Kautsky parle

Juliana Shearer julie at siliconengines-ltd.com
Wed Sep 9 10:19:50 PDT 1998

Okay, I'm a little slow to reply these days. I think that some of Doyle's replies to my post are based on a misunderstanding of what I was trying to say.

For instance, I was not advocating racism or some sort of revolutionary upheaval based on race lines, or even predicting that this will happen. I was merely trying to point out that there are not many working class people who are inflamed with desire for revolution of *any* kind. And those that can even conceive of something like revolution occurring in the "real world" can only see it in terms of their fear of other people creating said revolution.

That said, I guess I have to argue more semantics. When I said that most workers can understand so-called Left or Marxist ideas, but that they do not think that these *matter*, what I was trying to say was sort of echoed by others. Faced with the choice between becoming a revolutionary (or at least, continuing an extended discussion of revolution with whomever it is that is trying to raise the consciousness of the worker), or finishing the job (filling the coffee cup, fixing the auto), it is the latter which usually wins out. Maybe this is dangerously short-term thinking, but it *is* the way people act.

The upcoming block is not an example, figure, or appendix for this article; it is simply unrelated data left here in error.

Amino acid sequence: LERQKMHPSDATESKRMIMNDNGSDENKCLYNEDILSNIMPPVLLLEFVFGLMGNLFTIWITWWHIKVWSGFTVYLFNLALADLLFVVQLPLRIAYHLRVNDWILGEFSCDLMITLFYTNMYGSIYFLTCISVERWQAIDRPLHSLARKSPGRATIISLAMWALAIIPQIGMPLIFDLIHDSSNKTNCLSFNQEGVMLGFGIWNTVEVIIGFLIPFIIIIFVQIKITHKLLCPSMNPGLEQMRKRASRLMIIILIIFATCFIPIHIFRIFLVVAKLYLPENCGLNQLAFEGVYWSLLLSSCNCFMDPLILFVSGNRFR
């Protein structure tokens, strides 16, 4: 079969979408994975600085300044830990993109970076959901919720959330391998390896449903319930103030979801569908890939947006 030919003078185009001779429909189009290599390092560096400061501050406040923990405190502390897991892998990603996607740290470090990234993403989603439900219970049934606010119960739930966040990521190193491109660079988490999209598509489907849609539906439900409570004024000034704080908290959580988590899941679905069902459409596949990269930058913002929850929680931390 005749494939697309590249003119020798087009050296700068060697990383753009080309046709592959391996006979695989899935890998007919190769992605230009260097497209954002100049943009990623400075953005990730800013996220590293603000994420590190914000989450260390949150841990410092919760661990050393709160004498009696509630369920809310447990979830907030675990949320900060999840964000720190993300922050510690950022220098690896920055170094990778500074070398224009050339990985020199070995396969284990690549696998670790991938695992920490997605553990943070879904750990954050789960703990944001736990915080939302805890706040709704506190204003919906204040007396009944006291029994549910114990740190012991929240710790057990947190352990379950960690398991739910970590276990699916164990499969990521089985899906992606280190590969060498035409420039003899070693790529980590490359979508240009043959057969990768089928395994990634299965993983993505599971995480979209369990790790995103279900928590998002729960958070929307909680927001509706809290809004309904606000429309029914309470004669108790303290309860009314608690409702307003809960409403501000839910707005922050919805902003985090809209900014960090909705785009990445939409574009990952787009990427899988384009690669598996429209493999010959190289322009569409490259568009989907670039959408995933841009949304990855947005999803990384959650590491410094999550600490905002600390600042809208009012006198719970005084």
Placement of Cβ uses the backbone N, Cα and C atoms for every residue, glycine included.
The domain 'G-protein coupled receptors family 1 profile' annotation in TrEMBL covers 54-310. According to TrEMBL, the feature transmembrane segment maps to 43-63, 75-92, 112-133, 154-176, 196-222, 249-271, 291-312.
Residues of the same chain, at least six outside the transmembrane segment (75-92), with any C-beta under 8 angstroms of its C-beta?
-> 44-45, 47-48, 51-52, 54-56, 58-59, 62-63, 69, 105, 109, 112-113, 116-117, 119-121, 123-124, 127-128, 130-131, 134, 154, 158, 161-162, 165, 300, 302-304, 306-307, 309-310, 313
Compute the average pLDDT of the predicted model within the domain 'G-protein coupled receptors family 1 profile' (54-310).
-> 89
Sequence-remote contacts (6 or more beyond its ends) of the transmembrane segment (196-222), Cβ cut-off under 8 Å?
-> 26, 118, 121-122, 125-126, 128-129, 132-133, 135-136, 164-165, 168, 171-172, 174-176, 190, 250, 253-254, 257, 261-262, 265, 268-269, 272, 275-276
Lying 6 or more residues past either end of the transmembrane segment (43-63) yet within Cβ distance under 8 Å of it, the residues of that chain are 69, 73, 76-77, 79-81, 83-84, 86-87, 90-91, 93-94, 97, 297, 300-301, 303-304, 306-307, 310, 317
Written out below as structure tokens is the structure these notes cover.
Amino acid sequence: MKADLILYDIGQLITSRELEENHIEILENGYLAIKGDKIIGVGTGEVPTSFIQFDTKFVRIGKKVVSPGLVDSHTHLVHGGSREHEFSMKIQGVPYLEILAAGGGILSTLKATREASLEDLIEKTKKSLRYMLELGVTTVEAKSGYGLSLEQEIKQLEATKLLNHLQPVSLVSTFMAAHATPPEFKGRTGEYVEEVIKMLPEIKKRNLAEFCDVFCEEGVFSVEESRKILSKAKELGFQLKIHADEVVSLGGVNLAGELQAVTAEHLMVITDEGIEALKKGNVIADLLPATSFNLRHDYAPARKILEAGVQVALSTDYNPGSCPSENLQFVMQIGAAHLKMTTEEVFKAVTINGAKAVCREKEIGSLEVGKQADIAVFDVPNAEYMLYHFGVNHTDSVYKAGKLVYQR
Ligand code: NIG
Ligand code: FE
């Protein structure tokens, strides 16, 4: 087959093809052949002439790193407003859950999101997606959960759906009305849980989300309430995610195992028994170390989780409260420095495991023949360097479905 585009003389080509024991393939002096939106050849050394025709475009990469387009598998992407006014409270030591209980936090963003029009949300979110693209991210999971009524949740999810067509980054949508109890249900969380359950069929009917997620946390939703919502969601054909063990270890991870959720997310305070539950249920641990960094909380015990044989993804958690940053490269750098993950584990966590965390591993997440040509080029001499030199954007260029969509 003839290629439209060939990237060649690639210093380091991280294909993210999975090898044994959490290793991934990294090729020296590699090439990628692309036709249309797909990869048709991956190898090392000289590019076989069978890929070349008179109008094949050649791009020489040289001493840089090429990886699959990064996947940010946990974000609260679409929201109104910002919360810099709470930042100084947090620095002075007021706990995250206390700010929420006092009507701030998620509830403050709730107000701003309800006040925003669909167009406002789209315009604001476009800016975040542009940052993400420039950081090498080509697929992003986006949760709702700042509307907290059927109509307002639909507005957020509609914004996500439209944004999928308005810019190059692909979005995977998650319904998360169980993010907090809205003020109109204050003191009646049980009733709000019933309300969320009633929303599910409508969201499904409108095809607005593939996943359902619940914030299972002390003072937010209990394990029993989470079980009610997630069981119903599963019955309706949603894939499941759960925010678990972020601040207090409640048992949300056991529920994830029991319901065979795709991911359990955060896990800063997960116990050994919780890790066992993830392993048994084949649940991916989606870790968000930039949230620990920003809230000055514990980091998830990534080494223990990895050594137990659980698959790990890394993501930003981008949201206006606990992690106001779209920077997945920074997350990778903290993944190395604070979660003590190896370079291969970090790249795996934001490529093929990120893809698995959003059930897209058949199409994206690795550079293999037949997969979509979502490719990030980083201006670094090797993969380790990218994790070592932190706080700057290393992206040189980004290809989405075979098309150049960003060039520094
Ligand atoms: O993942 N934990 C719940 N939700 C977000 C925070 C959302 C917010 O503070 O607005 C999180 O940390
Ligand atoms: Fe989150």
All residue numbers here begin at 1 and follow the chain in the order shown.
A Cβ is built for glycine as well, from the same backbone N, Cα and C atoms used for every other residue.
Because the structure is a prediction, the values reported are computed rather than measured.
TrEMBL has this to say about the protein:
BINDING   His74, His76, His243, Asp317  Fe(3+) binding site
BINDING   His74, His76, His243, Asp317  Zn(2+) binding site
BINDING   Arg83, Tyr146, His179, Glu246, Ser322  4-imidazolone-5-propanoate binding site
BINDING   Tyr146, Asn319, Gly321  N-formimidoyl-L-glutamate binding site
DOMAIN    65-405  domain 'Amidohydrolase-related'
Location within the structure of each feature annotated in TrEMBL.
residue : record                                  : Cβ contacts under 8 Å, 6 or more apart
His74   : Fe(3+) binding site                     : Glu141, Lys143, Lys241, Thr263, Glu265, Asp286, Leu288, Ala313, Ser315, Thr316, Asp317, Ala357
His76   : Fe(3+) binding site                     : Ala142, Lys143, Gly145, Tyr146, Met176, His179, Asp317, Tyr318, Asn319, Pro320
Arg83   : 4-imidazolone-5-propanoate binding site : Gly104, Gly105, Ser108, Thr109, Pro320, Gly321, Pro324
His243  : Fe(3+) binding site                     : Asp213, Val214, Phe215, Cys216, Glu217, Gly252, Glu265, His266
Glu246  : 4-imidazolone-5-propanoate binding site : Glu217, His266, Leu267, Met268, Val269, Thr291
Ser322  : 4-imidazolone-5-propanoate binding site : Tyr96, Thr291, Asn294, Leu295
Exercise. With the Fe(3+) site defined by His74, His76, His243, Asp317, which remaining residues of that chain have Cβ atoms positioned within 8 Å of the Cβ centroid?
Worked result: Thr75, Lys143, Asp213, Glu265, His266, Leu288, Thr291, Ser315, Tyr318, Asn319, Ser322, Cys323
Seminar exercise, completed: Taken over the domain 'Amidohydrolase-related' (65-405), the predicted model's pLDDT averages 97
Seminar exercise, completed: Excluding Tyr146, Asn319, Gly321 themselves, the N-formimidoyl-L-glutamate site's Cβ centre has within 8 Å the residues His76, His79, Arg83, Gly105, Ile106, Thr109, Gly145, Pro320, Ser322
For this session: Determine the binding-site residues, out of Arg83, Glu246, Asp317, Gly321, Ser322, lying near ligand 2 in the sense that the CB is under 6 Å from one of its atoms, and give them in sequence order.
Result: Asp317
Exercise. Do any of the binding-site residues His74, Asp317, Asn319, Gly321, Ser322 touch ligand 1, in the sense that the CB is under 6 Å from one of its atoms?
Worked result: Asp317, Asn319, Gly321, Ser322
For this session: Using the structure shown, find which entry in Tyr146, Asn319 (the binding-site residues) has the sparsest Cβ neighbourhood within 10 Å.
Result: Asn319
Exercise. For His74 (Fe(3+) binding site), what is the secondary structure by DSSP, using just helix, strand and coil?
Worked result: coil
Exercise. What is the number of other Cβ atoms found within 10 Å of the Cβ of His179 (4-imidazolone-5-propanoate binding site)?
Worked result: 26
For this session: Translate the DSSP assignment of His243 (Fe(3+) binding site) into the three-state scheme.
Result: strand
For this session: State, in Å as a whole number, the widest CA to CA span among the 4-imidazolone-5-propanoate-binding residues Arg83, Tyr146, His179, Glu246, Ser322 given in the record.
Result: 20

People know that they are in a bad position, but the struggle to even get to the point that they are at usually ensures that they are not willing to risk sacrificing anything in the off-chance that the system can be changed. Why risk your _________ (job / house / car / whatever) for an unrealistic, utopian concept? I just don't see a major uprising any day soon, no matter what position the economy is in.

However, having said all this, I still think that change is something worth working for, which is why I asked to be convinced of revolution. After all, nothing is absolute in this world (well, almost nothing), and nobody said we cannot work for an ideal.

Doyle states that "A serious working class organization on a large scale is needed in the United States." Fine. What should it be, and how can it be created? One huge union? A political party? In order to create a unified organization, there must be something that will bring disparate people together. I find it hard to believe that there is something that could do this. Religion won't. Politics won't. The only thing I can think of that cuts across most differences is something like the AARP, but that's for people who are *done* working!

Oops, I've gotta get back to work.

Julie Shearer julie at siliconengines-ltd.com

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